[POPLmark] Poplmark Digest, Vol 10, Issue 5
Aaron Stump
stump at cse.wustl.edu
Mon Jun 5 11:21:52 EDT 2006
[ responding to Karl, see below ]
I appreciate the very clear and helpful way in which you are describing
the connection between adequacy and normalization. Coq encodings are
every bit as adequate as Twelf encodings, however, because CIC does
enjoy strong normalization. Indeed, I dispute the point you make below
that adequacy is obvious for LF and complicated for other systems,
precisely because (as you probably know better than I) adequacy depends
on the existence of canonical forms in LF, which is arguably a *deeper*
result than normalization for CIC. In my current work I am bumping up
against the lack of extensionality in Coq, so I have a renewed
appreciation for extensionality in LF. Nevertheless, extensionality
makes LF, in this respect, a stronger type theory than CIC. It is
needed for the representation techniques typically used with LF, so it
is really essential. A satisfactory account of the meta-theory with
extensionality (again, as I'm sure you know better than I) proved quite
difficult and was a significant research accomplishment of your
colleagues at CMU. In contrast, the meta-theory of type theories like
CIC's without extensionality is easier.
So both for Coq and LF, adequacy depends on normalization. The question
of which system has an an easier normalization result and hence a
simpler account of adequacy is at the very least, not as overwhelmingly
in LF's favor as you claim.
Aaron
> For LF, it is quite easy to prove the adequacy theorem because the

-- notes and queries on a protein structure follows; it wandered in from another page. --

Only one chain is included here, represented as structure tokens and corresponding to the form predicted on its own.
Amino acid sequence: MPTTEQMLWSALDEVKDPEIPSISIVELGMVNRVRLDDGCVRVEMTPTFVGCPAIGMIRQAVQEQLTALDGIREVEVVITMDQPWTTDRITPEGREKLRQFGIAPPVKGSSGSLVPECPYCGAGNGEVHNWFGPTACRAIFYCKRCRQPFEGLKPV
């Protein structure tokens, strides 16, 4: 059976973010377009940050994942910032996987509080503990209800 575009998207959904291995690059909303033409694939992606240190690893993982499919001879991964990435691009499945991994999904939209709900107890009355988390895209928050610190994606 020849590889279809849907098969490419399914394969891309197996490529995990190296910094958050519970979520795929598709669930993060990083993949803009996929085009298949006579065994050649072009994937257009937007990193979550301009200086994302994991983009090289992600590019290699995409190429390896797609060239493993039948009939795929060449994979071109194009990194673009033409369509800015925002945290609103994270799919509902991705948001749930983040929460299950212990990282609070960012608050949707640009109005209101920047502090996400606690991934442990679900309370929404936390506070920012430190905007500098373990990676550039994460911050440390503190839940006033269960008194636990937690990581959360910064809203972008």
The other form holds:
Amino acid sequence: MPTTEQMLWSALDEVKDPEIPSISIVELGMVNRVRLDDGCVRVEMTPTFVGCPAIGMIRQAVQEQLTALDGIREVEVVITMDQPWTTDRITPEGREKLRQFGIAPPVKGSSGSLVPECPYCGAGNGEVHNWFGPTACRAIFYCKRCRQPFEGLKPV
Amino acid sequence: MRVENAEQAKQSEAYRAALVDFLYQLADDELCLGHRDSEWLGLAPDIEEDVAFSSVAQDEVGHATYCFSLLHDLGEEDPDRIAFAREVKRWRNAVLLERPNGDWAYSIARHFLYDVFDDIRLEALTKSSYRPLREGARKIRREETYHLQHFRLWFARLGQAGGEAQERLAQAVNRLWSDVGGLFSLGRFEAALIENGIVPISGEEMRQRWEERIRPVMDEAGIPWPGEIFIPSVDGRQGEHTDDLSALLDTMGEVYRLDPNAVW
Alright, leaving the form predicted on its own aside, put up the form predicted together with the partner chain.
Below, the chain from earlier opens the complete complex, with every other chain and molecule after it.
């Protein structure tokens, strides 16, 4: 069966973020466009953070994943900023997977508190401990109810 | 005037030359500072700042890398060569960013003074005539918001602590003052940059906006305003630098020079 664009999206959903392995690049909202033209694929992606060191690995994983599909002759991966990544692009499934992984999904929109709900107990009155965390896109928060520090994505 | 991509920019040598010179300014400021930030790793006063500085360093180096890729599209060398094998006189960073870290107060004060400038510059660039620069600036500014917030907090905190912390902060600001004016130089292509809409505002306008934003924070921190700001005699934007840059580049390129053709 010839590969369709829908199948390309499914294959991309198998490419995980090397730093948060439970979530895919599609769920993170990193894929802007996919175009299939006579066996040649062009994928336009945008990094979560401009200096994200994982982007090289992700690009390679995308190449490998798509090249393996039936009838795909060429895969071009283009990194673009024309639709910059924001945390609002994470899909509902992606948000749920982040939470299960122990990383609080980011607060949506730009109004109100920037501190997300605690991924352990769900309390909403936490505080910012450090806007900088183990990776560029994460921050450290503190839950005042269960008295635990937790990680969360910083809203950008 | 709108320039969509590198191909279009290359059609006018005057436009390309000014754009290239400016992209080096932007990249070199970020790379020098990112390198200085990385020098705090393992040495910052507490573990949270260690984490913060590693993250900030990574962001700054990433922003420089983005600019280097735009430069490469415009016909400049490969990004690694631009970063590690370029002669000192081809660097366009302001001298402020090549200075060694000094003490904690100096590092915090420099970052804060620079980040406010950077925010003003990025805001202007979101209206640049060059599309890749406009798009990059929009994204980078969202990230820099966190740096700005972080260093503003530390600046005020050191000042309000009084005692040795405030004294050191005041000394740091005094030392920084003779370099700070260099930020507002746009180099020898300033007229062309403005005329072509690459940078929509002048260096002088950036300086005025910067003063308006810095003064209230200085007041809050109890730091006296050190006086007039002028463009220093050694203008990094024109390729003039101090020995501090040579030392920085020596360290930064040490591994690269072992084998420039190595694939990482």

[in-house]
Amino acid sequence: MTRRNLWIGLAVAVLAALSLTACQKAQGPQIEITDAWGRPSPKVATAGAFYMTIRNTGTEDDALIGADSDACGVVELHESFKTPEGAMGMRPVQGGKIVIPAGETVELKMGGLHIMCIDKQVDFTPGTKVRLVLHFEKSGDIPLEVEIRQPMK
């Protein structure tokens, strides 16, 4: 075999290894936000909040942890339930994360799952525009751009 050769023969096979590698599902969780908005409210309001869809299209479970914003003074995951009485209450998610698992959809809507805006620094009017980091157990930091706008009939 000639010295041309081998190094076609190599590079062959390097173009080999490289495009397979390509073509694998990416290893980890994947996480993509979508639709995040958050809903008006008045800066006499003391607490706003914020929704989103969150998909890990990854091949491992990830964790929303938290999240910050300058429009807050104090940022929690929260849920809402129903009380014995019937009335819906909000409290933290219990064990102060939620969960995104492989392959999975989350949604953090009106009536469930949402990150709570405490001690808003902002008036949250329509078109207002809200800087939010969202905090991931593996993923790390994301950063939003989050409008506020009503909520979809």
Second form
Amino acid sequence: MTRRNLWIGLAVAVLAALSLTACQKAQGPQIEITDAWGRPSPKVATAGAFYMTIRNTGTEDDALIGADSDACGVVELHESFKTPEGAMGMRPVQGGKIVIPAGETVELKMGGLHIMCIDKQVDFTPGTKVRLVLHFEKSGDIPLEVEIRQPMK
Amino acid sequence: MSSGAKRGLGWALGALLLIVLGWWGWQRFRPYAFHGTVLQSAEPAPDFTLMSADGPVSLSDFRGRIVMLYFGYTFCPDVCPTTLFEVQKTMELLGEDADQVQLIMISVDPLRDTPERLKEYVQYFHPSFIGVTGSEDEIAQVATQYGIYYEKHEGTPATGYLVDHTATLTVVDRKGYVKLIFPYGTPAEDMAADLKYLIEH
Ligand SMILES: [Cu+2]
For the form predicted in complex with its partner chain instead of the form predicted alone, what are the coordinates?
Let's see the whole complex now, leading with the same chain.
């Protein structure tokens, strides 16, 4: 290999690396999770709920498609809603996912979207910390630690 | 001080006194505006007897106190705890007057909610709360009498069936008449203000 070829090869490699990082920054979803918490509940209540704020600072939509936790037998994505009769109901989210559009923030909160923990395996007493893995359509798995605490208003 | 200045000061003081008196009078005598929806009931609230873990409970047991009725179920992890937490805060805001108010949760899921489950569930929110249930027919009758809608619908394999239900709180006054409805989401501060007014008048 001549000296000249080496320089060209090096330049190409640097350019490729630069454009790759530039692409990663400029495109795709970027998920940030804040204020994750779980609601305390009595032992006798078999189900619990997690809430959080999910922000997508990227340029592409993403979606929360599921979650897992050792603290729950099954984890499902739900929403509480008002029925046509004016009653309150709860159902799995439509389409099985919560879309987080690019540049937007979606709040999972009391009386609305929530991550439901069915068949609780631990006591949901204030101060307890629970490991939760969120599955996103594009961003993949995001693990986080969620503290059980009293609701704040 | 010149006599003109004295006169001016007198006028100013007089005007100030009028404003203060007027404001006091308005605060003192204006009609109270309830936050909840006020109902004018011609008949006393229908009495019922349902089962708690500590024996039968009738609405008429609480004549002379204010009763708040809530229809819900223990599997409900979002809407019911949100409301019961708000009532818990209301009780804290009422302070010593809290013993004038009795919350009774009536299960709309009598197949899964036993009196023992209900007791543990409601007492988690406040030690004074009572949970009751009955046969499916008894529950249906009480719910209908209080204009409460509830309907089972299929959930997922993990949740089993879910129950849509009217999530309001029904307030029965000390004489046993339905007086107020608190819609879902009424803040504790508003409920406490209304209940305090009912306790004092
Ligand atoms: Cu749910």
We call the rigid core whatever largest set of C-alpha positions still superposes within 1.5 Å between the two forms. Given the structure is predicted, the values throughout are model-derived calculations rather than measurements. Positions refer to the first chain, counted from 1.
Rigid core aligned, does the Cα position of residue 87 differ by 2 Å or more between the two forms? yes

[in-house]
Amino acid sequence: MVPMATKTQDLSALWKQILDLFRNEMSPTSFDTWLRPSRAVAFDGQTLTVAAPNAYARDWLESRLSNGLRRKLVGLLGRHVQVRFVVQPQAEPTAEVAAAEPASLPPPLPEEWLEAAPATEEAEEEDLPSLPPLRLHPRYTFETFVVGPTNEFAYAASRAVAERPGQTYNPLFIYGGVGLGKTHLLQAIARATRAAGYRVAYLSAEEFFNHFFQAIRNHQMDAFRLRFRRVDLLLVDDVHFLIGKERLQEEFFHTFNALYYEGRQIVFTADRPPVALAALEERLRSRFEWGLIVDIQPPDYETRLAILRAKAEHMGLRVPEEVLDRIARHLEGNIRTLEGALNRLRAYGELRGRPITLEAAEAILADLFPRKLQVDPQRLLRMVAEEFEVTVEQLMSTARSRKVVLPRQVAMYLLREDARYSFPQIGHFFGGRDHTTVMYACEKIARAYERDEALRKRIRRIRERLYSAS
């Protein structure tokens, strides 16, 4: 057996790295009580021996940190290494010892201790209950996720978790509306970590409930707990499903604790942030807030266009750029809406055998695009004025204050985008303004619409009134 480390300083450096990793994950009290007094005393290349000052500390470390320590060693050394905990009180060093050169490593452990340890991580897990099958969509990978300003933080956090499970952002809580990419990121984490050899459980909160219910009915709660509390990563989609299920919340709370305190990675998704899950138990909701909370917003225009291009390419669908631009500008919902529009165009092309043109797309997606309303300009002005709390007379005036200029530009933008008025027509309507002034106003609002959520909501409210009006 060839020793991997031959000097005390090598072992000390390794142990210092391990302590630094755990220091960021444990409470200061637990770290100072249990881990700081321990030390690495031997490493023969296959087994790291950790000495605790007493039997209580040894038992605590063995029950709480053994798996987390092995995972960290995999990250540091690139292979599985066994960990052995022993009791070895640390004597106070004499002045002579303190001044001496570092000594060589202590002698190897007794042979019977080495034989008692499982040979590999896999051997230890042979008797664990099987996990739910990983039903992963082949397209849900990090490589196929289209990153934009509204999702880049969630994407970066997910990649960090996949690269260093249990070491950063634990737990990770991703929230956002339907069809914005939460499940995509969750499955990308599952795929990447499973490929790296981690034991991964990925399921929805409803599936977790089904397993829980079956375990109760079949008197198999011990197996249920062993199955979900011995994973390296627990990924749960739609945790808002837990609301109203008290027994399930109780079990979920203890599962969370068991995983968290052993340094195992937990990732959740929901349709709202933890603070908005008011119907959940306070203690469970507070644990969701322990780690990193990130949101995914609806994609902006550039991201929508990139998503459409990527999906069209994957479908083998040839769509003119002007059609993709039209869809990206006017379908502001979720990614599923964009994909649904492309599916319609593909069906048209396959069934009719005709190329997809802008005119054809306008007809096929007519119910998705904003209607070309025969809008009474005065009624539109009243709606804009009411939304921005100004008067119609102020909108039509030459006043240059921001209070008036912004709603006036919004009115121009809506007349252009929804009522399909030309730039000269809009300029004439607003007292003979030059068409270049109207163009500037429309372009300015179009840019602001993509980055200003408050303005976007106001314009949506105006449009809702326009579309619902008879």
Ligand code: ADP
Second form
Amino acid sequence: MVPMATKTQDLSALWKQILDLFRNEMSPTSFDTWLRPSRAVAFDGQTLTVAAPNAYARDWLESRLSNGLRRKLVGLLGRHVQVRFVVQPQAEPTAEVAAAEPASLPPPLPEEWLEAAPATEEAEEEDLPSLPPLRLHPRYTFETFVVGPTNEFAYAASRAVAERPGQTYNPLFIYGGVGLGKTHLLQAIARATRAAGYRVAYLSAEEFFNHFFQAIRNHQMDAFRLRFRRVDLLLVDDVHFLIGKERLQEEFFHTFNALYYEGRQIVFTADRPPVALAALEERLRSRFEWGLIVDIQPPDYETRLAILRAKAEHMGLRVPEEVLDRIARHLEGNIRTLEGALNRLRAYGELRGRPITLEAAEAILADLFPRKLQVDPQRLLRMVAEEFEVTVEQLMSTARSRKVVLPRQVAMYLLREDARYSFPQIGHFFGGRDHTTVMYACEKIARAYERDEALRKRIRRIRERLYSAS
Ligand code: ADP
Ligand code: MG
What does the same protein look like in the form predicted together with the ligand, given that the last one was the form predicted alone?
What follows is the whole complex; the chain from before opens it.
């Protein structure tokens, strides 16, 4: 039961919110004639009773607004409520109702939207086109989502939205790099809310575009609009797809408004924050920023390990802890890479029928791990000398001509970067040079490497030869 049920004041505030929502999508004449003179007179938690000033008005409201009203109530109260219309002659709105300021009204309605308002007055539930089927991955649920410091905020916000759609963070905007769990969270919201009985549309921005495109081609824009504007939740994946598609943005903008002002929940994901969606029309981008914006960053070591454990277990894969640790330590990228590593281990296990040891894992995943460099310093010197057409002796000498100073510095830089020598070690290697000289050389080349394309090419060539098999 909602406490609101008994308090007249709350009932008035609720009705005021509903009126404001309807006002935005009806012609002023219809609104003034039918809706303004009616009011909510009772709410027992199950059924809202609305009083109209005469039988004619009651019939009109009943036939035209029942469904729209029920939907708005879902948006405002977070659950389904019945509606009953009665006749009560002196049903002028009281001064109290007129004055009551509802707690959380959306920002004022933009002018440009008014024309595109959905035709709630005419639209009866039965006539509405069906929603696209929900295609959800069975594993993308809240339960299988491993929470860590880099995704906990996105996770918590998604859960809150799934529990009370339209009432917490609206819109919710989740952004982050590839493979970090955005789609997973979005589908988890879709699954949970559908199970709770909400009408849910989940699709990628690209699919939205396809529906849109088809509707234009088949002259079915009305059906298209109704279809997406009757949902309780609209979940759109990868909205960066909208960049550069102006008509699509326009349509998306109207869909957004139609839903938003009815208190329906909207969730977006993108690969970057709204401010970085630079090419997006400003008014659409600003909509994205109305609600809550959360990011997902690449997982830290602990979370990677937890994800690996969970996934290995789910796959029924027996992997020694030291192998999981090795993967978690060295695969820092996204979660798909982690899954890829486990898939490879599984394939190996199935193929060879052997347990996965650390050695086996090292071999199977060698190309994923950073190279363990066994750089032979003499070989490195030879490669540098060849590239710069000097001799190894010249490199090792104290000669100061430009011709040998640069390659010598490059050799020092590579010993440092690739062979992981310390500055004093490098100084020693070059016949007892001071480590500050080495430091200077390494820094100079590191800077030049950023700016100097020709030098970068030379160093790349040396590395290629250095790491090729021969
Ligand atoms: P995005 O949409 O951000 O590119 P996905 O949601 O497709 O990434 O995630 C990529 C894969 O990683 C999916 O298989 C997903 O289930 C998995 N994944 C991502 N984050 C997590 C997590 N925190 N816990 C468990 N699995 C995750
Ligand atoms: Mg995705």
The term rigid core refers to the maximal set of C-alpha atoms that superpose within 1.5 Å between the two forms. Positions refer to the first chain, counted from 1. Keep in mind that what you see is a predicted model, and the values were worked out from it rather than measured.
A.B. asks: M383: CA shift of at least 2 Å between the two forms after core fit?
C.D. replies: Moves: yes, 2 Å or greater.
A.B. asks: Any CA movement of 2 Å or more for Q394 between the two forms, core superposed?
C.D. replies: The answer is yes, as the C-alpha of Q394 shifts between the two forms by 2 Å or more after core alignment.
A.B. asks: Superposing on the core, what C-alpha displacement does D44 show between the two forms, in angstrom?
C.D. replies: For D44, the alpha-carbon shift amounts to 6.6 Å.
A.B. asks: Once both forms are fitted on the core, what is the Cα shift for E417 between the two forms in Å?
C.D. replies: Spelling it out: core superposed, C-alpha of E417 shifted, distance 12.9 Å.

> system is weak enough that the type of a term dictates its structure.
> The allows us to prove using a simple induction that an object language
> derivation exists whenever an LF term of the appropriate type exists.
>
> For contrast, let me pick on Coq. In Coq, a term can have almost any
> structure. This means that adequacy for Coq representations would
> depend on a very deep normalization result for the Calculus of Inductive
> Constructions. (As an aside, we can note here that, to my knowledge,
> the normalization proof has never been extended to cover some important
> axioms in the Coq implementation.) Still, I think it's easy to imagine
> how one would do it (modulo the extra axioms), and I would be very
> interested to see someone work this story out. I think the high-level
> story would be similar for HOL + Nominal Logic, except the account of
> compositionality would be more complicated (and more interesting).
>
> My point here is that you seem to be thinking that adequacy is
> complicated for LF and obvious for other systems, where in fact the
> exact opposite is true. This has nothing to do with first-order vs.
> higher-order representations; it has to do with the advantages of a weak
> type theory.
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